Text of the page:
Operation Hummer!

Right now, with the blustery wind that is flinging cold rain against the windows, I wouldn’t blame the hummingbirds if they just decided to stay in the South where it is already warm and sunny. In fact my oldest sister, who lives in North Carolina reported that the tiny bejeweled birds have been there for over a month. 
However, my next oldest sister, who has been welcoming Ruby-throated Hummingbirds to her backyard gardens for many years, stated that she puts her hummer feeders out the last week of April. She ought to know how to do it, because hummingbirds literally stack up around her feeders like aircraft waiting to land. According to www.hummingbirds.net/map.html, there have been sightings in northwest Ohio already as early as April 8 this year. I haven’t seen any yet, however.
Nevertheless, over the weekend I rummaged around in the garden shed and brought out the feeders that were tucked away last fall. I washed them in warm water with a little dish detergent, rinsed them very well and allowed them to air dry. Meanwhile I prepared my tried and true formula for homemade hummingbird nectar.
The red tinted commercial varieties are not good for them. A simple syrup made with 1 part granulated sugar to 4 parts water is preferable. For the first batch, I add a tablespoon or two of extra sugar. Allow this mixture to come to a rolling boiling to kill bacteria. Allow to cool and fill your feeders. Keep unused nectar in a tightly sealed container in the refrigerator. Never use honey, brown sugar or any other type of sweetening. 

Hang feeders about four-feet high near a window (but not so near the birds may collide with the glass) or outdoor area where you can relax and enjoy the show. Make sure they are high enough so that while they are feeding cats and other predators can’t reach them. If placed in full sun all day the nectar may spoil more quickly. If placed in a heavily shaded area, the hummers may not see it. Make sure the feeder is level so the nectar doesn’t leak out and attract ants. A red ribbon tied onto the feeder pole or hook may help attract them early in the season. We also have a little humming bird perch hanging by one of our feeders because its location is not near any trees with overreaching branches. Even though they may be the busiest of the birds, they like a place to rest between sips.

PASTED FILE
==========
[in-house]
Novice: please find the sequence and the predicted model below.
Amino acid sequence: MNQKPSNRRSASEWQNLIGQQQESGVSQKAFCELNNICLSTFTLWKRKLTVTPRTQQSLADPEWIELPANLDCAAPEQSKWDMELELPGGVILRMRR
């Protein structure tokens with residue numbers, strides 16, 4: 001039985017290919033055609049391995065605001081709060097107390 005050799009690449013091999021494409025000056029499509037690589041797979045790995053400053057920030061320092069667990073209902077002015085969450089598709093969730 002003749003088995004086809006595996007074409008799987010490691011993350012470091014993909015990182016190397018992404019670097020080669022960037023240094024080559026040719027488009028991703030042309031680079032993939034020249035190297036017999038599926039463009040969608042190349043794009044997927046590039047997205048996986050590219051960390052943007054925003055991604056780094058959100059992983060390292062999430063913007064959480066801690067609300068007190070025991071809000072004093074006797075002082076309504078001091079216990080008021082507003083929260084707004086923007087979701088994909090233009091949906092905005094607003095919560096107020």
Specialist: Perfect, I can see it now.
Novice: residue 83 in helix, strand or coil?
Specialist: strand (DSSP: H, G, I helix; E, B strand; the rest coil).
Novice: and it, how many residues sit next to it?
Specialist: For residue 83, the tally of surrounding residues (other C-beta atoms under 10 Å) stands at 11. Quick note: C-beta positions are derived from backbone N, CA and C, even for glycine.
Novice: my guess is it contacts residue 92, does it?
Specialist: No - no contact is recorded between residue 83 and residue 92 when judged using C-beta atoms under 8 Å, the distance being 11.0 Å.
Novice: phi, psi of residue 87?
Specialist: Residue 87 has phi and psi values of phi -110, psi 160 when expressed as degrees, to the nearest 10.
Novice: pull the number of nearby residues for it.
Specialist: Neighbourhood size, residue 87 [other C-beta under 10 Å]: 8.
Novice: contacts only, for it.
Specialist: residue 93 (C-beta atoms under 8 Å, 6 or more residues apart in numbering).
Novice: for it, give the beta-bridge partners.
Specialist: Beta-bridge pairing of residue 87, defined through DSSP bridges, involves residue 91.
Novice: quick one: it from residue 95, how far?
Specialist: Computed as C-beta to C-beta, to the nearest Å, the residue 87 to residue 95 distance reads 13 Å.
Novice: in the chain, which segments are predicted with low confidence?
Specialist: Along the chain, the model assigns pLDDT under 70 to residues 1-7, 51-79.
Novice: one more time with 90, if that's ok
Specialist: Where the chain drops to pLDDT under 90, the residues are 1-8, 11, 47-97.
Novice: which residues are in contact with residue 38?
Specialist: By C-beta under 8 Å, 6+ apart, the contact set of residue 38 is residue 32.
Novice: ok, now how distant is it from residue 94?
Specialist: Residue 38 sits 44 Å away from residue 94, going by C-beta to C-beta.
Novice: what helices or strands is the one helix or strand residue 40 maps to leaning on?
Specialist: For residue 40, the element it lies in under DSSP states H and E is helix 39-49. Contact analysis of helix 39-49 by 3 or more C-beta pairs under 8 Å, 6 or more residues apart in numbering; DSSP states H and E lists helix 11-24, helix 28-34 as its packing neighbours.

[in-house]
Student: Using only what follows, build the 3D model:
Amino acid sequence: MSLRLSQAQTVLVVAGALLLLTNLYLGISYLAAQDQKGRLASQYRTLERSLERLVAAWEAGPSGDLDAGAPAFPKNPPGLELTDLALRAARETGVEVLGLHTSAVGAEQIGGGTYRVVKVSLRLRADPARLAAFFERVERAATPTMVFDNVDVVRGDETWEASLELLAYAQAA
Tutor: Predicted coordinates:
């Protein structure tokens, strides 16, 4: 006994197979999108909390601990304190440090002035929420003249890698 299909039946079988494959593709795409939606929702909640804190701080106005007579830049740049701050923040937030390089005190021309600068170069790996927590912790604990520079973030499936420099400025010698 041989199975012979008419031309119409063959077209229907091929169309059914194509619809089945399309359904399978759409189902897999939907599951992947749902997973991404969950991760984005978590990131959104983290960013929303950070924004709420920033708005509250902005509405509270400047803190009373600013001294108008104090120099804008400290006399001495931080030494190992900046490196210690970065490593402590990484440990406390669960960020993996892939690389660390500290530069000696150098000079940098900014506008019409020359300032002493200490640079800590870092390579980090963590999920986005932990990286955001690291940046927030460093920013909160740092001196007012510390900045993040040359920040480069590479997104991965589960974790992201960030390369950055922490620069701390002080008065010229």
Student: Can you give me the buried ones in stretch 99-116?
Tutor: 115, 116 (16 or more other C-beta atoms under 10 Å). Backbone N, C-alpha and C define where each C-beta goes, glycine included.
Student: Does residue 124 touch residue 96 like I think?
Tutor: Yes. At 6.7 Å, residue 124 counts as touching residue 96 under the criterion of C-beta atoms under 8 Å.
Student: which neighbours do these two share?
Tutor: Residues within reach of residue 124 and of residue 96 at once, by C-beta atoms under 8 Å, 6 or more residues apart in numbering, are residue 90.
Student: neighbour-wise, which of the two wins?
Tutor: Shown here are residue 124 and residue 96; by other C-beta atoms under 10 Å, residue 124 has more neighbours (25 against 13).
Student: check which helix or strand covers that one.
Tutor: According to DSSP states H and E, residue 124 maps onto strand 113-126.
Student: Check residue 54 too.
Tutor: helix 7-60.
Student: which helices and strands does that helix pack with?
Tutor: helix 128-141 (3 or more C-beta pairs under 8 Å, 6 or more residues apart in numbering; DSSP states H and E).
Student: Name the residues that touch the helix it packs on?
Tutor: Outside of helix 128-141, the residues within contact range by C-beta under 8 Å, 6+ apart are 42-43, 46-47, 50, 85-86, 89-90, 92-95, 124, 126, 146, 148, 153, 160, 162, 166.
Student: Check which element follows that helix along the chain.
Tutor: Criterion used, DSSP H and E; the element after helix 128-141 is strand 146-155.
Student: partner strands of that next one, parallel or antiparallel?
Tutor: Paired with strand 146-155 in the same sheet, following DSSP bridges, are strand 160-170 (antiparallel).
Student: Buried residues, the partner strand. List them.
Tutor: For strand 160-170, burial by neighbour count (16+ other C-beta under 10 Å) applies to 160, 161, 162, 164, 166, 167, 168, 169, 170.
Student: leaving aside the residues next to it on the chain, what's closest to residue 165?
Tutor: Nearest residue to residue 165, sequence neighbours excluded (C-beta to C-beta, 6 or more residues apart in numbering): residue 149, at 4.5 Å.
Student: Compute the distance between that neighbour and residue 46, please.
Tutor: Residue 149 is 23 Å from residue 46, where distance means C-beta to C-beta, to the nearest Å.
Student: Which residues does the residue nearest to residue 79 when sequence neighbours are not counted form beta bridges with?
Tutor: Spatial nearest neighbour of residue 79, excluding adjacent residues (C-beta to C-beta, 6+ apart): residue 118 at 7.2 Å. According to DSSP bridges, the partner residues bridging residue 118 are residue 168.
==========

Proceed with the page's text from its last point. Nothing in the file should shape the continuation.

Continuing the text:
Dump out old nectar and carefully clean each feeder once a week. If mold growth becomes a problem, wash with warm water with a couple of teaspoons of bleach added. Rinse well and allow to air dry before refilling. A day in the sun will also help kill molds and bacteria.

Plant for Hummingbirds:
While I do supplement with nectar feeders, the hummingbirds actually visit for the plants that we have in our landscape. These same plants are popular with other important pollinators such as butterflies, moths, and bees. The hummingbirds around here have an absolute, wings down favorite. It is the annual “Black and Blue” salvia, available locally in Defiance at Kircher’s Flowers.  I plant them in pots and garden beds where they will receive full sun. Other popular annual flowers we have around here are red salvia varieties, lantana, impatiens, and petunias. Hummers are also attracted to many perennials such as hyssop, lavender, yarrow, liatris, coneflower, butterfly bush, monarda (Bee Balm) and catmint. Hyssop is not an annual, but I still pop them in large pots, as well as in the herb garden in back and the cottage garden in front. In the shade, hosta lilies, columbine and heuchera (Coral Bells) are also hummer attractive. There are other plants, such as trumpet vine, hollyhock and hibiscus that are hummingbird favorites, I just don’t have any growing at present. 

Whether you are an old pro or just starting the fascinating summer hobby of hummingbird watching, Happy Hummering!

       Sometimes the inexpensive feeders are the most popular.

      Sometimes the inexpensive feeders are the most popular.